The Glory Has Departed


Norma Boeckler, Artist-in-Residence

The Lutheran Library Publishing Ministry

Bethany Lutheran Worship on
Ustream - Sunday, 10 AM Central.


Thanksgiving Eve - 7 PM Central Time.

Saved worship files and Greek lessons are at the live worship link.

email: greg.jackson.edlp@gmail.com,
which works as gregjacksonedlp@gmail.com too.

Luther's Sermons, Lenker Series
Book of Concord Selections
Martin Chemnitz Press Books

Norma A. Boeckler Author's Page

Pastor Gregory L. Jackson's Author's Page

Saturday, May 16, 2015

Alex and I Will Break - Or Rather Build - Toad Homes

Toad House on Park Avenue - $72.

Toad House on Baltic Avenue - $1

I almost told Little Ichabod that the edible pod peas were hanging on the vines, but then I remembered, "The one vegetable he loathes..."

Team Jackson gathers today for grilling and possible gardening. Grandson Alex helps monitor the grill. He loves to prune roses for me. I bought a bunch of clay pots so we can make extra toad shelters as well. One good crack of a hammer and we have two toad homes.

Retaking Toad Hall,
including the spine tingling cry, "A mole! A mole!"


One toad will eat 10,000 insects in a summer, so I would rather have free toads than expensive toxins. Last year I found toads right under the faucets, front and back. This year I am making the yard as toad-friendly as possible.

Toads need shallow pans with water so they can hydrate. They also like shelters from the sun. That is where the toad house comes in handy. I have plenty of sheltered areas where the houses can be placed, behind bushes, near logs, in tall grass and weeds.

In the good olde days, neighbors had clay pots here and there, so broken ones were easy to find. Now we have to search for them and break them.

I will also build up my supply of flat clay pans, which are good shallow baths for toads and birds. Clay is good because they do not blow around the yard like the cheap plastic ones, both made to be put under leaking plant pots.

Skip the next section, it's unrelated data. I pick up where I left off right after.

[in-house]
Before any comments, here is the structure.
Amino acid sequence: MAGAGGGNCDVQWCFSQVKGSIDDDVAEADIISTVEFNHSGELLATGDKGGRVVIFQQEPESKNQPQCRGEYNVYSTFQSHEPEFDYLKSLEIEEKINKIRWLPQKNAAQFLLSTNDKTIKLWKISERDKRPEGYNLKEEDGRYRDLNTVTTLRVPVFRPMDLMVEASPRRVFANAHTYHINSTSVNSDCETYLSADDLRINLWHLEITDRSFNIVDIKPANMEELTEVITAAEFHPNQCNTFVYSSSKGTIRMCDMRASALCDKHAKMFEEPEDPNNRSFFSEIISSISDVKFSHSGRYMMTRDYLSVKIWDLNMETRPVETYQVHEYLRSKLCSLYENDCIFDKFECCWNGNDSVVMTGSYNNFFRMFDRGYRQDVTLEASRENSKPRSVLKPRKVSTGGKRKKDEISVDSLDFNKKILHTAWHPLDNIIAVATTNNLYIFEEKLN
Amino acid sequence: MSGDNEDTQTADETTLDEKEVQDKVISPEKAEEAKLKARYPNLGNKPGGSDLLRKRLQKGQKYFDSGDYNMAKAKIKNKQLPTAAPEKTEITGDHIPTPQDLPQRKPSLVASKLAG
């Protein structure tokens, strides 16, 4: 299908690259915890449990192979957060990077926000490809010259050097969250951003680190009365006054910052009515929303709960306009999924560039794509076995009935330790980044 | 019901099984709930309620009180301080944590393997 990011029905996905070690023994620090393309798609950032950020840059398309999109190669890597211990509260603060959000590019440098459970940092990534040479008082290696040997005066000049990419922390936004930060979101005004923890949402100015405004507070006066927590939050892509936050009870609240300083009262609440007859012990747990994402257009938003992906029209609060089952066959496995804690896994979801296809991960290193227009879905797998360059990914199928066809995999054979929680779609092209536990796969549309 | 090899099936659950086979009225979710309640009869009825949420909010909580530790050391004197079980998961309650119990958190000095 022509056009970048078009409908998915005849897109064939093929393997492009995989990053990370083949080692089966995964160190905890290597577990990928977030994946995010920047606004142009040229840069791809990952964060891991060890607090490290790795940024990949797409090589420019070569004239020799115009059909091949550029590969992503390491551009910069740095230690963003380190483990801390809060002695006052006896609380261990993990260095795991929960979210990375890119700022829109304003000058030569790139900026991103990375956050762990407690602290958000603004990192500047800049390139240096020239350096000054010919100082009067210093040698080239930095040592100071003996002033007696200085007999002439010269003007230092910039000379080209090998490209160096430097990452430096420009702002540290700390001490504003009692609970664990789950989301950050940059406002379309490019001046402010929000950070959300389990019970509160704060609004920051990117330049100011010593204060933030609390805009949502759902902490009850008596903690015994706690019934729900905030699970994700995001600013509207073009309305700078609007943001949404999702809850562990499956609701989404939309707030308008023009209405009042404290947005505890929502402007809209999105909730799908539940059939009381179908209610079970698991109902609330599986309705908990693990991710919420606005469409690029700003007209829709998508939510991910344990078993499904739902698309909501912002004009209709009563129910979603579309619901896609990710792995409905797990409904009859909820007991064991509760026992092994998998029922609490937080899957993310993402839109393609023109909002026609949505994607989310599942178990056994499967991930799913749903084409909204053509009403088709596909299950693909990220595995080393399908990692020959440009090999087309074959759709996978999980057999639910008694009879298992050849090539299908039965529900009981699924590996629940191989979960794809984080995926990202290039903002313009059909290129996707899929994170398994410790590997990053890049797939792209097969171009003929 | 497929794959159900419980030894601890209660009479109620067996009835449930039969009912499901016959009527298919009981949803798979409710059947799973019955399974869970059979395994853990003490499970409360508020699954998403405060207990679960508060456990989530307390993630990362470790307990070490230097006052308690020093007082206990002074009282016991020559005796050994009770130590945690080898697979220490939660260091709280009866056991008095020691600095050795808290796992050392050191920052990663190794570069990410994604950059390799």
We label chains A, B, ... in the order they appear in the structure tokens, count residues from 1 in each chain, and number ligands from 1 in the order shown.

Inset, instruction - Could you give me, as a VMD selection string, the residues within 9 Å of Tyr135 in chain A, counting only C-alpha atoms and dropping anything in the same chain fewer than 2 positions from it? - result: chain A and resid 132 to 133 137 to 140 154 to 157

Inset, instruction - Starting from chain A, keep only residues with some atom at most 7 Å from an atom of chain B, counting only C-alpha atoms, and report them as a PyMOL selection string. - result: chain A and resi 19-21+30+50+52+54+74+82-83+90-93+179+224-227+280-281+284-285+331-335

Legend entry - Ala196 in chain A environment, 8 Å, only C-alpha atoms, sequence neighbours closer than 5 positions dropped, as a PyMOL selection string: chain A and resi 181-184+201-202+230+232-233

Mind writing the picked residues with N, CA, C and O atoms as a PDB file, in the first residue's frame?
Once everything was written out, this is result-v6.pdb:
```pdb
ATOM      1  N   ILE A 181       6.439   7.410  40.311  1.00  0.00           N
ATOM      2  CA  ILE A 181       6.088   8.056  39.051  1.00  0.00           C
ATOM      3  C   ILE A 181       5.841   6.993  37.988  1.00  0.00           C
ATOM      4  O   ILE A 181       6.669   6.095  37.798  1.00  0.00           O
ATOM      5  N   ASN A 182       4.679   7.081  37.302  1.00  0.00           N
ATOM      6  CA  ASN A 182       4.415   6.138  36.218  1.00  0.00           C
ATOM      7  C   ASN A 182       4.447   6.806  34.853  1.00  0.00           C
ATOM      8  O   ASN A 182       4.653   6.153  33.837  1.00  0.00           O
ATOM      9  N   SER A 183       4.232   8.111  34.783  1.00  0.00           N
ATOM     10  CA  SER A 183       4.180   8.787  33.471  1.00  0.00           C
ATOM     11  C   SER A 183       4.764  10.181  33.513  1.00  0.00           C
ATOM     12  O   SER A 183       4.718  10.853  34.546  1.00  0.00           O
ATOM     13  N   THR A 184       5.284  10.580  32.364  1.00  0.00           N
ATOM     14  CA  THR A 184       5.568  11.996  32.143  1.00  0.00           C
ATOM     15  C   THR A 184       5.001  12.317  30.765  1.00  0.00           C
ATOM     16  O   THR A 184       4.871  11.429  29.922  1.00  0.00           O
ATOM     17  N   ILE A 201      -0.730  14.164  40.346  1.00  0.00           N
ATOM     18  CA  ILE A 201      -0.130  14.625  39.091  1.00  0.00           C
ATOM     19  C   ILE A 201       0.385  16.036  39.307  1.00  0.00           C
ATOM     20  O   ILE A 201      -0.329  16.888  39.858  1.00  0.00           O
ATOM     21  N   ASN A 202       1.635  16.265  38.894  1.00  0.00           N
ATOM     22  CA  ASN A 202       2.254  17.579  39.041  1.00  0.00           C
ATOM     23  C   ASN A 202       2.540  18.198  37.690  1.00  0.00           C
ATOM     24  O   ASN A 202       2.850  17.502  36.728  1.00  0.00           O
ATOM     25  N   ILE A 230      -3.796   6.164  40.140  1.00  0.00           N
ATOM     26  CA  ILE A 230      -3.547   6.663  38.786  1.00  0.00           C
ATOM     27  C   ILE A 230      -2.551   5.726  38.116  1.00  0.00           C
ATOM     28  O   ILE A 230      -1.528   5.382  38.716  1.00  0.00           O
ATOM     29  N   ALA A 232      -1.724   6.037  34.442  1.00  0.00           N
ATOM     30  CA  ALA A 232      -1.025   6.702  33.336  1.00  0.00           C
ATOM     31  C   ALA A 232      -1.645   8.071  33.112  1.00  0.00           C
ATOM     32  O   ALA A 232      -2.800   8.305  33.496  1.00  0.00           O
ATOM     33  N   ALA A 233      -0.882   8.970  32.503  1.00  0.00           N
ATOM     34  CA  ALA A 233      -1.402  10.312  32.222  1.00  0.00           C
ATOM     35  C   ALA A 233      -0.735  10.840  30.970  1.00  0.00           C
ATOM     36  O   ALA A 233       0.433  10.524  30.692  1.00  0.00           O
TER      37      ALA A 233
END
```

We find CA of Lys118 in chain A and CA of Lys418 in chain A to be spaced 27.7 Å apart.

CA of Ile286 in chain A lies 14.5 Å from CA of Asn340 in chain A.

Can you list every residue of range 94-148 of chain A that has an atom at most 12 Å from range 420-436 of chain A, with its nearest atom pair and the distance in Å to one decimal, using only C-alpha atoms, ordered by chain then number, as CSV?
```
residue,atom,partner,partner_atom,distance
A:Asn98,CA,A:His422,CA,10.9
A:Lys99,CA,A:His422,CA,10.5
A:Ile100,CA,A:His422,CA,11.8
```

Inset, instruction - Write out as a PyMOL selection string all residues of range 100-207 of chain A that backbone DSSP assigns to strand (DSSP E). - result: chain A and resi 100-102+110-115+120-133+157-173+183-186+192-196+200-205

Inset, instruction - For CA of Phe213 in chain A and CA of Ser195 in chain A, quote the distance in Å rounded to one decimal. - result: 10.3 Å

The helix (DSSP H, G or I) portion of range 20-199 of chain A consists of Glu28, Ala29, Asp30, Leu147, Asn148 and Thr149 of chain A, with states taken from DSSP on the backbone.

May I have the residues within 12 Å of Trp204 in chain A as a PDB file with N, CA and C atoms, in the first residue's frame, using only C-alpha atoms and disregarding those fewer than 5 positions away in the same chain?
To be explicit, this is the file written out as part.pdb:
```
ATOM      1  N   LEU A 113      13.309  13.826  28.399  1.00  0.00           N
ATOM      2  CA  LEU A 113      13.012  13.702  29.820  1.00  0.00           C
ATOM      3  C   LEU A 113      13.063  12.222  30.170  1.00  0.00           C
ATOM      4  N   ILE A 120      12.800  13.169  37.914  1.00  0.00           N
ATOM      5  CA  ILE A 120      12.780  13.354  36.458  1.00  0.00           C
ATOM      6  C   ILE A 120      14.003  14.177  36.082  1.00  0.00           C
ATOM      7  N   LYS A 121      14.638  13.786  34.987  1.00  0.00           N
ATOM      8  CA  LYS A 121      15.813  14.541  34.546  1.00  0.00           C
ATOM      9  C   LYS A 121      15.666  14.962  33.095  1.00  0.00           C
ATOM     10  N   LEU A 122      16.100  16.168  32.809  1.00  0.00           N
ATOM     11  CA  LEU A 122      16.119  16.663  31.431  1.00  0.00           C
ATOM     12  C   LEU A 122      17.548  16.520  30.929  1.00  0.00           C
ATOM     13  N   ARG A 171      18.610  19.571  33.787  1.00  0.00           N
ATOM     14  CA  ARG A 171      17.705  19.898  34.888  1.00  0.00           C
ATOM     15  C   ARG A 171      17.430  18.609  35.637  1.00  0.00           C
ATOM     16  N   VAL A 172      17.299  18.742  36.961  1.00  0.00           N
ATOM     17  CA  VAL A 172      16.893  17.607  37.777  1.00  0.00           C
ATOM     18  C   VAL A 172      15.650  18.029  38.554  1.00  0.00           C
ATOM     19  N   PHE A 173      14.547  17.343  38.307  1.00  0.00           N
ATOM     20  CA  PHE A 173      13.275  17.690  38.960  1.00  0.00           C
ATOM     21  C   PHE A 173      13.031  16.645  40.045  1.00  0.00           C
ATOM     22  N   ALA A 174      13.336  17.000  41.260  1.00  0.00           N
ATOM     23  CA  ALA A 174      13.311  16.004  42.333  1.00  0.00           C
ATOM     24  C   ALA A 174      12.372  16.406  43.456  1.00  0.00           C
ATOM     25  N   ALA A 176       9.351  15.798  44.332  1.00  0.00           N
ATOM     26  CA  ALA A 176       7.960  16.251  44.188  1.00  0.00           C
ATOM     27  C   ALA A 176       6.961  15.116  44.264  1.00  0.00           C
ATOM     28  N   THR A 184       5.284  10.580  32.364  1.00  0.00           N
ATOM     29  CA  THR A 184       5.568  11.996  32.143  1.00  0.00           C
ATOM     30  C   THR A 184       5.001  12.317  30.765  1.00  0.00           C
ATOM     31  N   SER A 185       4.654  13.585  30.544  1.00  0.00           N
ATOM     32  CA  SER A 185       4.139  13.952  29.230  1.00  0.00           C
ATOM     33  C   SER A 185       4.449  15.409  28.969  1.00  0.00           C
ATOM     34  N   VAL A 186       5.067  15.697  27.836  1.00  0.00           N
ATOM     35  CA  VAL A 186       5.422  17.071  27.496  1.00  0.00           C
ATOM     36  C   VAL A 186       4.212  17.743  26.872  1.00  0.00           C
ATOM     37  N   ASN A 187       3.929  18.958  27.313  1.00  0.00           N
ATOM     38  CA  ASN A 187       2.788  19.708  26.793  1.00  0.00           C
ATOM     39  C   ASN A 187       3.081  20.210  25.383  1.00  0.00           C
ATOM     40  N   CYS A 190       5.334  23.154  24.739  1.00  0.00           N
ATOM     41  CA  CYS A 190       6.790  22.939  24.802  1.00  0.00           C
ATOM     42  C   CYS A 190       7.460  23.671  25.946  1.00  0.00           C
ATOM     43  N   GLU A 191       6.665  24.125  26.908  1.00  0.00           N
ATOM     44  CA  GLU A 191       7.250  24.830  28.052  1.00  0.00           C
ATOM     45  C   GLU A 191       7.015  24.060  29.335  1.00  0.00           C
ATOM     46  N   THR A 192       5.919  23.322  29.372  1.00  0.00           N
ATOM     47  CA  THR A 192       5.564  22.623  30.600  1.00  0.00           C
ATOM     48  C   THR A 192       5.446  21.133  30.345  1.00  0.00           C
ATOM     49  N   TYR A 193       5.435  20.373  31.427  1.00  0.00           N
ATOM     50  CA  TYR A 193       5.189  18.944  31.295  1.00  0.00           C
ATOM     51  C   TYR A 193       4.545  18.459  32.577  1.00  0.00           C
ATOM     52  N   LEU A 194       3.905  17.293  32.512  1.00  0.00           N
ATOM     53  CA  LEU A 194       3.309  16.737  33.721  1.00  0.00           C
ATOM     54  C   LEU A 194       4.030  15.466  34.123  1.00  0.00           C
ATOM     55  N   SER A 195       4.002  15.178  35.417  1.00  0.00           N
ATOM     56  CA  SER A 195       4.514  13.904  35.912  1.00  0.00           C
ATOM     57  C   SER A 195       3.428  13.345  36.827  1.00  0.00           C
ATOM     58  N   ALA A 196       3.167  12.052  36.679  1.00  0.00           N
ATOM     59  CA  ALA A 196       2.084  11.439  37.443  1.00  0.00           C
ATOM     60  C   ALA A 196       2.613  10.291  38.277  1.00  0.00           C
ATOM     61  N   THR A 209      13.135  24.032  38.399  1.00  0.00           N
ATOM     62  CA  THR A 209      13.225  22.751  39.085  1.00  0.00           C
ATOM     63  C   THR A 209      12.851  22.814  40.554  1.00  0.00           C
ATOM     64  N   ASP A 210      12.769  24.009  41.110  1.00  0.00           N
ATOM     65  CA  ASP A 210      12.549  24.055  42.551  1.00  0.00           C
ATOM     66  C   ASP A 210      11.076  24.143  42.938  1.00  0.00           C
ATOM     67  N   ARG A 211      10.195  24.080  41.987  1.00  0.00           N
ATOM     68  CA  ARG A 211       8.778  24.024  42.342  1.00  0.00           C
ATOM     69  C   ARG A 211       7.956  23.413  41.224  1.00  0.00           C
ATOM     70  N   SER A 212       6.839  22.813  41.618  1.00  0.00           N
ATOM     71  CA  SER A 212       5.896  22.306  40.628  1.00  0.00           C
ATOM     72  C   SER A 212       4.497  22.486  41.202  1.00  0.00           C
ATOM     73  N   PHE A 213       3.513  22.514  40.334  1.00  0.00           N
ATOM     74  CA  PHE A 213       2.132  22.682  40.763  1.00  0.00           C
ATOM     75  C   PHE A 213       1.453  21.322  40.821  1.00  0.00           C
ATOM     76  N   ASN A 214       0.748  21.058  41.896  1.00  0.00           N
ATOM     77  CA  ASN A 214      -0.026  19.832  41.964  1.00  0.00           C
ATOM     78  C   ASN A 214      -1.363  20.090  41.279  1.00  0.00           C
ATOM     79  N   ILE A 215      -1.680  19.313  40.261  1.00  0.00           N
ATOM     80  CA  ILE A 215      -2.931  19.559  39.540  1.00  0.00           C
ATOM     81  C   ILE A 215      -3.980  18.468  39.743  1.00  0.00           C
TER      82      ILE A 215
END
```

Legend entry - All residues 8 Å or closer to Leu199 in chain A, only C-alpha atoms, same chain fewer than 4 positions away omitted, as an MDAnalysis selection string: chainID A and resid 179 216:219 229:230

'Red root pigweed

A weed in full - pigweed donating a few seeds for the cause.


Useful Red Root Pigweed
When pigweed is young, green, and full of moisture, I pull it and place the plant under mulch. The gurus say, "Add nitrogen to wood mulch," so I add fresh greens.

Weeds can also be placed on top of mulch, to add to the biomass. Some weeds will sneak through the mulch and others will plant themselves on top. Dandelions are fond of that approach, and some other plant has placed seedlings on every bit of mulch I own.

The best way to distinguished a good plant from a weed is to wait and see its flower and fruit. I was ready to pull Cow Vetch before it bloomed. Once it showed off its color and climbing ability, I took in a flower to match and identify it. Like many scorned weeds, Cow Vetch has good qualities for the wild area, where I want masses of greenery to screen the alley scenery, a task blessed by Mrs. Ichabod - mandated after we pruned the trees so well and opened up the view.

Blogger Nathan Bickel asked about vines and his plans for building a trellis. That made me think of using a trellis screen for the area where the fence is so open for viewing and so full of barking dogs who warn their owners I am in my own yard.

Cow Vetch has typical legume flowers,
like its nearby cousin - the edible pod pea.